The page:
Accueil > Actualités

Espanol / English US federal judge dismisses...

mercredi 13 février 2019

US federal judge dismisses lawsuit against BDS supporters

Pro-Israeli groups have suffered a major defeat in a US court after a federal judge dismissed a lawsuit against the American Studies Association’s (ASA) resolution to endorse the call to boycott Israeli academic institutions as part of the Boycott, Divestment, and Sanctions (BDS) movement.

On Monday a district court in Washington threw out the lawsuit against ASA, which is the oldest scholarly organisation devoted to the interdisciplinary study of US culture and history. The federal judge ruled that the anti-BDS plaintiffs were unable to explain how they were injured by the boycott, a requirement for the lawsuit to go forward.

The ruling is a significant victory for human rights campaigners and a blow to efforts by Israel lobby groups to use courts to harass, intimidate and silence supporters of Palestinian rights in US universities – a tactic known as lawfare. It’s also a major boost for Americans sacked from their jobs on the back of anti-BDS legislation, denounced by critics as unconstitutional.

Pro-Israeli group, the Louis D. Brandeis Centre, filed a lawsuit against ASA in April 2016 over its resolution to boycott Israeli academic institutions. The lawsuit argued that in adopting the resolution, which was voted on by an overwhelming democratic majority, the ASA operated beyond its corporate charter and caused the plaintiffs to “suffer significant economic and reputational damage.”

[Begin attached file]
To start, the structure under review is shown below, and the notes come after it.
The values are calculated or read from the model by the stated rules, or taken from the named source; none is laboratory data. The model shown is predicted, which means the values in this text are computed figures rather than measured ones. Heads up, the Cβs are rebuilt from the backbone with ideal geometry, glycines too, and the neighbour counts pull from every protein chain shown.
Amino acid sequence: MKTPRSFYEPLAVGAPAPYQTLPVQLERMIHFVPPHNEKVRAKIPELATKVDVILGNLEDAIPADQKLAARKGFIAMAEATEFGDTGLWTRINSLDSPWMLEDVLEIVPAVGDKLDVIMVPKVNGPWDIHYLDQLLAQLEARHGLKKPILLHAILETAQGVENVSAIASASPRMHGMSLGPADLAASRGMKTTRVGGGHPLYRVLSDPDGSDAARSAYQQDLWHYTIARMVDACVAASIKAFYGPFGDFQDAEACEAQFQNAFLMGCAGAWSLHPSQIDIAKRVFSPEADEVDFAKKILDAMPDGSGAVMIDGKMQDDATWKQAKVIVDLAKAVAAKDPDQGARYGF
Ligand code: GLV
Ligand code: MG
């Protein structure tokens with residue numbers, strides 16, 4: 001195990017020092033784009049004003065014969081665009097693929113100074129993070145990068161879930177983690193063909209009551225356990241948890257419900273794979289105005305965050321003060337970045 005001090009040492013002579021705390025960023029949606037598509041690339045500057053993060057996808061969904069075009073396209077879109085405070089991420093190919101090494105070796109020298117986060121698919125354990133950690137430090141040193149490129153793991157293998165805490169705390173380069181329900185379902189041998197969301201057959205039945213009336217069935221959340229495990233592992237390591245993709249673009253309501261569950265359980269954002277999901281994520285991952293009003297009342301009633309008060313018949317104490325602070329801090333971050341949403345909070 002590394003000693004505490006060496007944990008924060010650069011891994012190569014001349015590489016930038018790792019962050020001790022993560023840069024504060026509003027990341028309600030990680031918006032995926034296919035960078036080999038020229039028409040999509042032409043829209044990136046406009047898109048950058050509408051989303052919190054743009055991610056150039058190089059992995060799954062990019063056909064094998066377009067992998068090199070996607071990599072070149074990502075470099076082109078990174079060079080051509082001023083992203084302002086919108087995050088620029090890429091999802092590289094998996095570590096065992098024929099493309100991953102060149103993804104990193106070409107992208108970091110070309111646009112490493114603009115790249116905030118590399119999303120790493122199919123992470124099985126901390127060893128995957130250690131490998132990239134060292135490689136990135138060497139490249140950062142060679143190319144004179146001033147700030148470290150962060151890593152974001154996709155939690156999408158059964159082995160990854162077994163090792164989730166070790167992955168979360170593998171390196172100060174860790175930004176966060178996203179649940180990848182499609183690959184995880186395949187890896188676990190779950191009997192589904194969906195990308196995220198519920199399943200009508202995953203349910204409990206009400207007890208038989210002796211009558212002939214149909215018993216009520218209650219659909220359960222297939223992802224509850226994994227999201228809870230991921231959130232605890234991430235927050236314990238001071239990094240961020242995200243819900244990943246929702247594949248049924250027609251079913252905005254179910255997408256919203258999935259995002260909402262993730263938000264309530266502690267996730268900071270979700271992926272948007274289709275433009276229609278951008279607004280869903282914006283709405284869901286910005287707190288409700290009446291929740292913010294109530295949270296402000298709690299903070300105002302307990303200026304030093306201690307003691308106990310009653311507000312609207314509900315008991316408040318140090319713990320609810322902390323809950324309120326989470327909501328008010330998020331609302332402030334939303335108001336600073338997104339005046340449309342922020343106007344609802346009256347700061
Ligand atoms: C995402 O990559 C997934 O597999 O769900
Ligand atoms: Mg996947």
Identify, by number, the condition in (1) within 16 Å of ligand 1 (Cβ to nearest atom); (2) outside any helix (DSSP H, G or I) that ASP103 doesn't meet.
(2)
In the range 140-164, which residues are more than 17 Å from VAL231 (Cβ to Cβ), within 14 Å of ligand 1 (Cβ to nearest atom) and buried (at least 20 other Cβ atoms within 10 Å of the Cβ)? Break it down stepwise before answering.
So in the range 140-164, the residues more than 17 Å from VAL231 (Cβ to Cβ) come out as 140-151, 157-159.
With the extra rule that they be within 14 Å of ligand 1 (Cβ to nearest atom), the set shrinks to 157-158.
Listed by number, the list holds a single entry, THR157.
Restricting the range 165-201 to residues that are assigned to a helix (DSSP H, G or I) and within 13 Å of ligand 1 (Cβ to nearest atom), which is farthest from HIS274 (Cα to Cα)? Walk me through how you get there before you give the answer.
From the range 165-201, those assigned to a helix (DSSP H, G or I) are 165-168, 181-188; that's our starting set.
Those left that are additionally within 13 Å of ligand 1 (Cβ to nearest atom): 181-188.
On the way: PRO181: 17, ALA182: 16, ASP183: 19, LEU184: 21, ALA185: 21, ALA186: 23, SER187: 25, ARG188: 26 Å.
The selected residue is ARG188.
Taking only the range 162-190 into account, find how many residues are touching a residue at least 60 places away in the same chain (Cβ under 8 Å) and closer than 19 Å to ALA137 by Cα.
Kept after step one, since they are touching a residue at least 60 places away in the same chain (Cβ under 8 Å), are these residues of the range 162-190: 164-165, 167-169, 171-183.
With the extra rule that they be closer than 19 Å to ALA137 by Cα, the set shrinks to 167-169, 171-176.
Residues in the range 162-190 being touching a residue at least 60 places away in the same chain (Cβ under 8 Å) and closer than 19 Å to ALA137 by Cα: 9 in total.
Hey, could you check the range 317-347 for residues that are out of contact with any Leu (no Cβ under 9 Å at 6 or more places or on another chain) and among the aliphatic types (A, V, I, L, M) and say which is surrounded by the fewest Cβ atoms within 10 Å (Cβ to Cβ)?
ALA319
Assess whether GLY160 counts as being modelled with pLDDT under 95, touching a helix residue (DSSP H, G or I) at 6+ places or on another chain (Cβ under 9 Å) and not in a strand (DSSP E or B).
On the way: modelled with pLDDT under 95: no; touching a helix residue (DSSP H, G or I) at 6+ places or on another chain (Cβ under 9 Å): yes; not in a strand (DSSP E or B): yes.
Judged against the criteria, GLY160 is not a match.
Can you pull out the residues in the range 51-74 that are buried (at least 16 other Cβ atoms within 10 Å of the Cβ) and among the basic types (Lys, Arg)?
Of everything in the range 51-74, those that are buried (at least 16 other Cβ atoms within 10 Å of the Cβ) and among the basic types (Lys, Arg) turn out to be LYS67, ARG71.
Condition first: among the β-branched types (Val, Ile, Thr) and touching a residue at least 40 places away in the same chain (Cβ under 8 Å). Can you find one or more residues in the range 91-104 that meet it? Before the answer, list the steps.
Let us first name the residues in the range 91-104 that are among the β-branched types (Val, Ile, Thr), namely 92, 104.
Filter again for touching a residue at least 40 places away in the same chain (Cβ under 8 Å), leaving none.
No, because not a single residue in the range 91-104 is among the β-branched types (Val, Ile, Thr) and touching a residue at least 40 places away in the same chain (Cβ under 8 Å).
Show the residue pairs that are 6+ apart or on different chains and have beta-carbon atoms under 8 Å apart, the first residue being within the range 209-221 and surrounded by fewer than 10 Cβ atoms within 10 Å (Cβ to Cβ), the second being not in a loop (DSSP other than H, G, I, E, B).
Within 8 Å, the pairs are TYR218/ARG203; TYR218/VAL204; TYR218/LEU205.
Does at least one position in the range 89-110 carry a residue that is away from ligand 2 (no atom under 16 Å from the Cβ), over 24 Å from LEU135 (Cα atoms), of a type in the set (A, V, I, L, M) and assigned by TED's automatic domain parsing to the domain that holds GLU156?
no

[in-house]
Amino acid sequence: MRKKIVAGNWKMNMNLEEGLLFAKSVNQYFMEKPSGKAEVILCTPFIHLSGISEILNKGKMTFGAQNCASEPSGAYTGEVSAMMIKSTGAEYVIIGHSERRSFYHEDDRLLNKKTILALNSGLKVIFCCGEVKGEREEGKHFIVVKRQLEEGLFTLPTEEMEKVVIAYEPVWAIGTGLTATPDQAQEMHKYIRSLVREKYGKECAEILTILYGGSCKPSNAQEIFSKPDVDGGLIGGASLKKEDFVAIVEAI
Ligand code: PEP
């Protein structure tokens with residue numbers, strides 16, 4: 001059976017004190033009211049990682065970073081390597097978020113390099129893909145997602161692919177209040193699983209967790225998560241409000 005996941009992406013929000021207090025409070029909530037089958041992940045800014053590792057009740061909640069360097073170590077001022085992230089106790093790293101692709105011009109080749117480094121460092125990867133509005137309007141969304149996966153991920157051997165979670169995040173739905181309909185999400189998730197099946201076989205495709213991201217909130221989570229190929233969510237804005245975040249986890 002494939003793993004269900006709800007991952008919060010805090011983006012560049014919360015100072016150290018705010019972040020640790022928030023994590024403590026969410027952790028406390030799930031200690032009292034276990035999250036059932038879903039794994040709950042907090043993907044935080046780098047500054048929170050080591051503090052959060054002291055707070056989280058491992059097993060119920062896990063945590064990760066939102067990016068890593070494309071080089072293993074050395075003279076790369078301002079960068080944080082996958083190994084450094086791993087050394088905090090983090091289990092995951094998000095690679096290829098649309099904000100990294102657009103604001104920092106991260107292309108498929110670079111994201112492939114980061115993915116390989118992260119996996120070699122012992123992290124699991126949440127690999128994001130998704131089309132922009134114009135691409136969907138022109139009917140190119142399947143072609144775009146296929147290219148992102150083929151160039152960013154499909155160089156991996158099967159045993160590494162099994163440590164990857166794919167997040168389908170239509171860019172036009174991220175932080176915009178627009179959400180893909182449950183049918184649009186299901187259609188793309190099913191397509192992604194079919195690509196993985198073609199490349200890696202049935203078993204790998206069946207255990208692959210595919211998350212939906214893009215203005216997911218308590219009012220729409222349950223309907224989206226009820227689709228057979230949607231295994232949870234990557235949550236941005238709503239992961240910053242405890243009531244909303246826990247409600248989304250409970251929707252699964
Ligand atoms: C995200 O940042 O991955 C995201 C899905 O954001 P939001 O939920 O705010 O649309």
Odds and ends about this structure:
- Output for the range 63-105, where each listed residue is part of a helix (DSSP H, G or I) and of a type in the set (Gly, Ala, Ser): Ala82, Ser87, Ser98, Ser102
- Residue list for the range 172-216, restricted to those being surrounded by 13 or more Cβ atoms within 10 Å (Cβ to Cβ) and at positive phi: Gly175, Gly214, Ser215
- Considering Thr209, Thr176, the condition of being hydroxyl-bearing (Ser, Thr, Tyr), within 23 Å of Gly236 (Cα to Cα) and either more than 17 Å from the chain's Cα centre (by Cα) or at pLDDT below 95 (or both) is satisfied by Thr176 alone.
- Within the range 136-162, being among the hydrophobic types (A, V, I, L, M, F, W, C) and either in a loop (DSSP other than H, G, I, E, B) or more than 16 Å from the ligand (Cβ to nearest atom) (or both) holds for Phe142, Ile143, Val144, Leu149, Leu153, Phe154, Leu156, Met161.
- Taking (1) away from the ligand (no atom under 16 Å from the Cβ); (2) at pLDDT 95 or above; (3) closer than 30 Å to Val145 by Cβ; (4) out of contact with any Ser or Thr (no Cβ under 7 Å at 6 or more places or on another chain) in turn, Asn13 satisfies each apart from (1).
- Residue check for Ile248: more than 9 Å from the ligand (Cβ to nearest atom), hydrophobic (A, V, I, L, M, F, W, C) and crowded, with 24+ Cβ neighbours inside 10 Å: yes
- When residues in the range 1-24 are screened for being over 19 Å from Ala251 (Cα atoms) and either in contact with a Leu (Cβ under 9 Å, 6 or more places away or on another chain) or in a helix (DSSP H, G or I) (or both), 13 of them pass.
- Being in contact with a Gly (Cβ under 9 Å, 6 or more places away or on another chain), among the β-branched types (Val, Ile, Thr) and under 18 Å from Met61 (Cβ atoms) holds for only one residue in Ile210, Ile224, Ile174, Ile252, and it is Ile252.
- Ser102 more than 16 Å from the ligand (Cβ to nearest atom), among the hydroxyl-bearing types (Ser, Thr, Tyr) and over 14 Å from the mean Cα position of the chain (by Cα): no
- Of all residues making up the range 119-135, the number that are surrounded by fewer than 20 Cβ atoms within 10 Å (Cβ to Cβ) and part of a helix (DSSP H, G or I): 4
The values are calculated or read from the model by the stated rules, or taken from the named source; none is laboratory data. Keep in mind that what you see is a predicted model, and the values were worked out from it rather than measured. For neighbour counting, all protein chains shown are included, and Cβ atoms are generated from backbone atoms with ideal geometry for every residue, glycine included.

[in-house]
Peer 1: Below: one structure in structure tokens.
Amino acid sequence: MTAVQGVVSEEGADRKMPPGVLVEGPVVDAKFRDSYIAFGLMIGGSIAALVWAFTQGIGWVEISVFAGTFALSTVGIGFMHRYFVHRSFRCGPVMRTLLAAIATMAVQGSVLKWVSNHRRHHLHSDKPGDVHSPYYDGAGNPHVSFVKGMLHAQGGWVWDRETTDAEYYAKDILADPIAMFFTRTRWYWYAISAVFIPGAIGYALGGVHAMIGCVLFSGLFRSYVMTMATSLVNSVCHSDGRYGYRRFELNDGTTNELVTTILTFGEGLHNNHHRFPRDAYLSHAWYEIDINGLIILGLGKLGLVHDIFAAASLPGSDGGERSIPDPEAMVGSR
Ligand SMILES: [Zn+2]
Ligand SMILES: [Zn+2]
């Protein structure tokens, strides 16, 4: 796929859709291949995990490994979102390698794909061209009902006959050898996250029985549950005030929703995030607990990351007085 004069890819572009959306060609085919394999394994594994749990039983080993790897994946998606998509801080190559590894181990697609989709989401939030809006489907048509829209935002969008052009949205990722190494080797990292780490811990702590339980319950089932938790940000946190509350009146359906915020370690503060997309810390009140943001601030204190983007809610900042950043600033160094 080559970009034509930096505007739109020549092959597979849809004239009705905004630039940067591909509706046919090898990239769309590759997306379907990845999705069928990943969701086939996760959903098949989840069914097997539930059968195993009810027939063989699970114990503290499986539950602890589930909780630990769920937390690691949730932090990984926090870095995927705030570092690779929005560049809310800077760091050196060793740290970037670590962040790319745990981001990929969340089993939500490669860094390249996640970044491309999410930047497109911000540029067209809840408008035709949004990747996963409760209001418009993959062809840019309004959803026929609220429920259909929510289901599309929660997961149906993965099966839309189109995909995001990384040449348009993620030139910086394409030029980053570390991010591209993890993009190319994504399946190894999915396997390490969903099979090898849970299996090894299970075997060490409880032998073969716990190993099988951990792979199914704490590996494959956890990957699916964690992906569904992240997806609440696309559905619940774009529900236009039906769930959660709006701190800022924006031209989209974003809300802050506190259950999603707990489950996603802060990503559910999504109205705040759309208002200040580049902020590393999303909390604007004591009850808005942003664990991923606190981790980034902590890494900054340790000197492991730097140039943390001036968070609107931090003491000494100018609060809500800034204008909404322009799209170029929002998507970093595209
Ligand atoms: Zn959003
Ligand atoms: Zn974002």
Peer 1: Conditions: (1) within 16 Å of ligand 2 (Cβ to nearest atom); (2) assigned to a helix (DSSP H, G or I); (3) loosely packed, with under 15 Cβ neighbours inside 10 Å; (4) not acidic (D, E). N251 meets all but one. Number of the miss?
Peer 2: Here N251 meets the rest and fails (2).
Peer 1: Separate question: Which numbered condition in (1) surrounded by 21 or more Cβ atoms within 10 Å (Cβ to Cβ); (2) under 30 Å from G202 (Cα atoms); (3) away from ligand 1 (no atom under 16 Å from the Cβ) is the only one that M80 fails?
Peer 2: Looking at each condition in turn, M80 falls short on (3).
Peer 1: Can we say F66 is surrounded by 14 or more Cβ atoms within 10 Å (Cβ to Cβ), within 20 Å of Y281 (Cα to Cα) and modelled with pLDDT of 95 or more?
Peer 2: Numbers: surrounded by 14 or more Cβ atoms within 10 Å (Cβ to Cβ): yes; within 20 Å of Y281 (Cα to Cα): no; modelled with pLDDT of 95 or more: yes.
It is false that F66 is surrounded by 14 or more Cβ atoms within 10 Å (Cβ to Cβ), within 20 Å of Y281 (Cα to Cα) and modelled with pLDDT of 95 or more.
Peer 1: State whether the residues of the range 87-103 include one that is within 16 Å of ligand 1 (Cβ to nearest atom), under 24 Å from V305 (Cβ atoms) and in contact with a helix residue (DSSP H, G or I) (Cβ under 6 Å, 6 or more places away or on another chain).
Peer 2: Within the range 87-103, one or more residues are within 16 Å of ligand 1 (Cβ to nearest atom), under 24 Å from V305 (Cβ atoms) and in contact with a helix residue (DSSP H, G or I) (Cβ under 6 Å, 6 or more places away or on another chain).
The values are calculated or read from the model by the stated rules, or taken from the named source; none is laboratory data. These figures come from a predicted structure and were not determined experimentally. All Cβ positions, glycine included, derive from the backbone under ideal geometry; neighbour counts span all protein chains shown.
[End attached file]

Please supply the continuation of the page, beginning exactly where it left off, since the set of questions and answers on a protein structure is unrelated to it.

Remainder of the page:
In the court’s 20-page ruling, US District Judge Rudolph Contreras wrote that the pro-Israeli group had “danced around key issues” and was unable to show that they had suffered enough monetary damages to warrant a federal case.

Radhika Sainath, senior attorney with the civil rights group Palestine Legal, summed up the courts judgement saying that “the court basically said, in no uncertain words, that the plaintiffs suing ASA lied when they claimed to have ‘suffered significant economic and reputational damage’.”

“But, as the court explained, ‘nowhere’ in the lawsuit could the plaintiffs explain what that damage was. It didn’t pass the smell test,” she added.

SPIP | | Plan du site | Suivre la vie du site RSS 2.0